Author: Marisa Ollero

The Destruction of Baghdad. 10 February 1258.

In 1257, Möngke resolved to establish firm authority over Mesopotamia, Syria, and Iran. The khagan gave his brother, Hulagu, authority over a subordinate khanate and army, the Ilkhanate, and instructions to compel the submission of various Muslim states, including the Abbassid caliphate. Though not seeking the overthrow of Al-Musta’sim, Möngke ordered Hulagu to destroy Baghdad if the Caliph ...

Constantius III, co-emperor. 8 February 421.

Constantius was a very competent Roman general who made his first appearance in history during the early Fifth Century. Like many of the Roman Empire‘s most illustrious military men, he had been born in Illyria. It is most likely that he had attained the rank of Master of Soldiers and Cavalry in the service of the Roman emperor Honorius by the year A. D. 411. He swiftly ended the rebellion a...

The funeral of Queen Victoria. February 2, 1901.

Following a custom she maintained throughout her widowhood, Victoria spent the Christmas of 1900 at Osborne House on the Isle of Wight. Rheumatism in her legs had rendered her lame, and her eyesight was clouded by cataracts. She died on Tuesday 22 January 1901, at half past six in the evening, at the age of 81. Her son and successor King Edward VII, and her eldest grandson, Emperor Wilhelm II of G...

The death of Septimius Severus. February 4, 211.

By 210, Septimius Severus‘ campaigning had made significant gains in Britain, despite Caledonian guerrilla tactics and heavy Roman casualties. The Caledonians sued for peace, which Severus granted on condition they gave up control of the Central Lowlands. The Caledonians, short on supplies and feeling their position was becoming desperate, revolted later that year along with the Maeatae. Sev...

King Charles II of England dissolves the Cavalier Parliament. January 24, 1679.

Although previously favourable to the Crown, the Cavalier Parliament was alienated by the king’s wars and religious policies during the 1670s. In 1672, Charles II issued the Royal Declaration of Indulgence, in which he purported to suspend all penal laws against Catholics and other religious dissenters. In the same year, he openly supported Catholic France and started the Third Anglo-Dutch W...

Constantine, co-emperor of the Byzantine Empire. January 22, 613.

  Constantine was crowned co-emperor by his father on 22 January 613 and shortly after was betrothed to his cousin, Gregoria, a daughter of his father’s first cousin, Nicetas. As they were second cousins, the marriage was technically incestuous, but this consideration must have been outweighed by the advantages of the match to the family as a whole. Furthermore, its illegality paled int...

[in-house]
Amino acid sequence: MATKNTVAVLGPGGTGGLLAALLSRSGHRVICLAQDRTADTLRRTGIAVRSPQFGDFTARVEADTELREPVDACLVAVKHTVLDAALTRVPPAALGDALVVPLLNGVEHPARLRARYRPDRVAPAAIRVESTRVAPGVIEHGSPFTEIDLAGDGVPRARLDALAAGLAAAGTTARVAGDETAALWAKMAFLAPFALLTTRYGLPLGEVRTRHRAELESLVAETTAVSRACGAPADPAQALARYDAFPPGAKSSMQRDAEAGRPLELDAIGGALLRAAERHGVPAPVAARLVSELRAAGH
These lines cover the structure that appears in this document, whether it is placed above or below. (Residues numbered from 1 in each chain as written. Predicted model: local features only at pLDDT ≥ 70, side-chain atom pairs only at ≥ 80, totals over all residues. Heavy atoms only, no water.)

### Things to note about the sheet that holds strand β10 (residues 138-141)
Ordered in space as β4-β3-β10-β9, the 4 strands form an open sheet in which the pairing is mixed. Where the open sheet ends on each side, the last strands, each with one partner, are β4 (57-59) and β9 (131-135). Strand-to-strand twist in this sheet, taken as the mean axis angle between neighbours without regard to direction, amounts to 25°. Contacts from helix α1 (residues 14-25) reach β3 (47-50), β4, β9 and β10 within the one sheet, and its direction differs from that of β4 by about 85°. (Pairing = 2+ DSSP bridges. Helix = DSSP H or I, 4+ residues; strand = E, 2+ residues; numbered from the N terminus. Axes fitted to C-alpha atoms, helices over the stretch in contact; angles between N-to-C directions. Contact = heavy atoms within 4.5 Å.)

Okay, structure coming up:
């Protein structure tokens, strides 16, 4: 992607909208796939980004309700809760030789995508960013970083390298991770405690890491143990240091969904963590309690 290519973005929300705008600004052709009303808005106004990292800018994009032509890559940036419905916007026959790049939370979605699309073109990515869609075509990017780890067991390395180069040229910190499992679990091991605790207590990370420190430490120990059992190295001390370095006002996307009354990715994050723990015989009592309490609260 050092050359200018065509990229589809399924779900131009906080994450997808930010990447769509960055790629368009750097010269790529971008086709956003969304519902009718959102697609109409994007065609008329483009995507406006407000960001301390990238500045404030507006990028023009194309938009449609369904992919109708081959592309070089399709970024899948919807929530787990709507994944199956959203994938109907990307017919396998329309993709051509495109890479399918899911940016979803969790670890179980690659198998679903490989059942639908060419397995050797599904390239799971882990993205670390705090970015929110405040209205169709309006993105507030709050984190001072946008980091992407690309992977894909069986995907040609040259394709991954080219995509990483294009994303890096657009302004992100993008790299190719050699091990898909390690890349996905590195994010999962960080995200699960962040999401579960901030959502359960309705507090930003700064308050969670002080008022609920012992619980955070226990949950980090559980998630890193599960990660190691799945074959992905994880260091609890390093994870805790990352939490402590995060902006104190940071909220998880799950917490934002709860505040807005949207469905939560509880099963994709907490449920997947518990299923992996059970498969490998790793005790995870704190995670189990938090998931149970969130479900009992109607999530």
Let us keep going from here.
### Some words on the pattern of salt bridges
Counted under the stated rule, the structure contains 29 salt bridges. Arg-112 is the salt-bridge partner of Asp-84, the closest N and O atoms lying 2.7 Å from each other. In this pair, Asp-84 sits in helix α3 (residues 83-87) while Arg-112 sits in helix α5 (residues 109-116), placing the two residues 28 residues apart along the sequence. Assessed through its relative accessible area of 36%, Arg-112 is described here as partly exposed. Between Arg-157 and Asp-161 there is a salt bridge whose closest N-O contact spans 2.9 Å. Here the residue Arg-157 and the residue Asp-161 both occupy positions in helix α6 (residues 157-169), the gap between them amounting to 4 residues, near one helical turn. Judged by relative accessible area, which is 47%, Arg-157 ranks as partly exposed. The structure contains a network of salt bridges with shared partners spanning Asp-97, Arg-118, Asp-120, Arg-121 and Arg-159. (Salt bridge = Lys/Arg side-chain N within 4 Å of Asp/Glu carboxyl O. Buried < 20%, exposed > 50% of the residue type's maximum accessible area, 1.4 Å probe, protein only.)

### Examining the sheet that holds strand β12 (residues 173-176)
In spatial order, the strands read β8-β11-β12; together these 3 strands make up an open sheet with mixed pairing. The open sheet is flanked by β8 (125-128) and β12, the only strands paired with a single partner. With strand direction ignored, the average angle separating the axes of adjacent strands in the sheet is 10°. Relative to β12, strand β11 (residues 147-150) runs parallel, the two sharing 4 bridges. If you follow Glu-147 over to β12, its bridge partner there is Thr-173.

Pizarro founds Lima. January 15, 1535.

When natives along the coast threatened his expedition to Panama, Pizarro moved inland and founded the first Spanish settlement in Peru, San Miguel de Piura. Atahualpa, the last Inca king, refused to tolerate a Spanish presence in his lands, but was captured by Pizarro during the Battle of Cajamarca on 16 November 1532. A ransom for the emperor’s release was demanded and Atahualpa filled a r...

Otho, Emperor of Rome. January 15, 69 AD.

Galba was childless and far advanced in years, and Otho, encouraged by the predictions of astrologers, aspired to succeed him. He came to a secret agreement with Galba’s favourite, Titus Vinius, agreeing to marry Vinius’ daughter in exchange for his support. However, in January 69 AD, his hopes were dashed by Galba’s formal adoption of Lucius Calpurnius Piso Licinianus. Desperate...

The Galilean Moons. January 7, 1610.

As a result of the improvements Galileo Galilei had made to his telescope, now with a magnifying capability of 20x, he was able to observe celestial bodies more distinctly than it had been ever possible. On January 7, 1610, Galileo wrote a letter in which he mentioned Jupiter´s moons (actually known as the Galilean Moons) for the first time. At the time, he saw only three of the four and believed ...

Crossing the Rubicon. January 10, 49 BC.

During the Roman Republic, the river Rubicon marked the boundary between the Roman province of Cisalpine Gaul to the north-west and Italy proper (controlled directly by Rome and its allies) to the south. Exercising imperium when forbidden by the law was a capital offence. Furthermore, obeying the commands of a general who did not legally possess imperium was a capital offence. If a general entered...

The Julian Calendar. January 1, 45 BC.

  In the mid-1st century BCE Julius Caesar invited astronomer Sosigenes of Alexandria to advise him about the reform of the calendar, and Sosigenes decided that the only practical step was to abandon the lunar calendar altogether. Months must be arranged on a seasonal basis, and a tropical (solar) year used, as in the Egyptian calendar, but with its length taken as 365 1/4 days. To remove the...

The Nativity of Christ. December 25.

Around the Third Century, the date of birth of Jesus was the subject of both great interest and great uncertainty. The Nativity of Jesus Christ, narrated by both Mathew and Luke in the New Testament are prominent in gospels and early Christian writers suggested various dates for the anniversary. Around AD 200, Clement of Alexandria wrote: “There are those who have determined not only the year of o...

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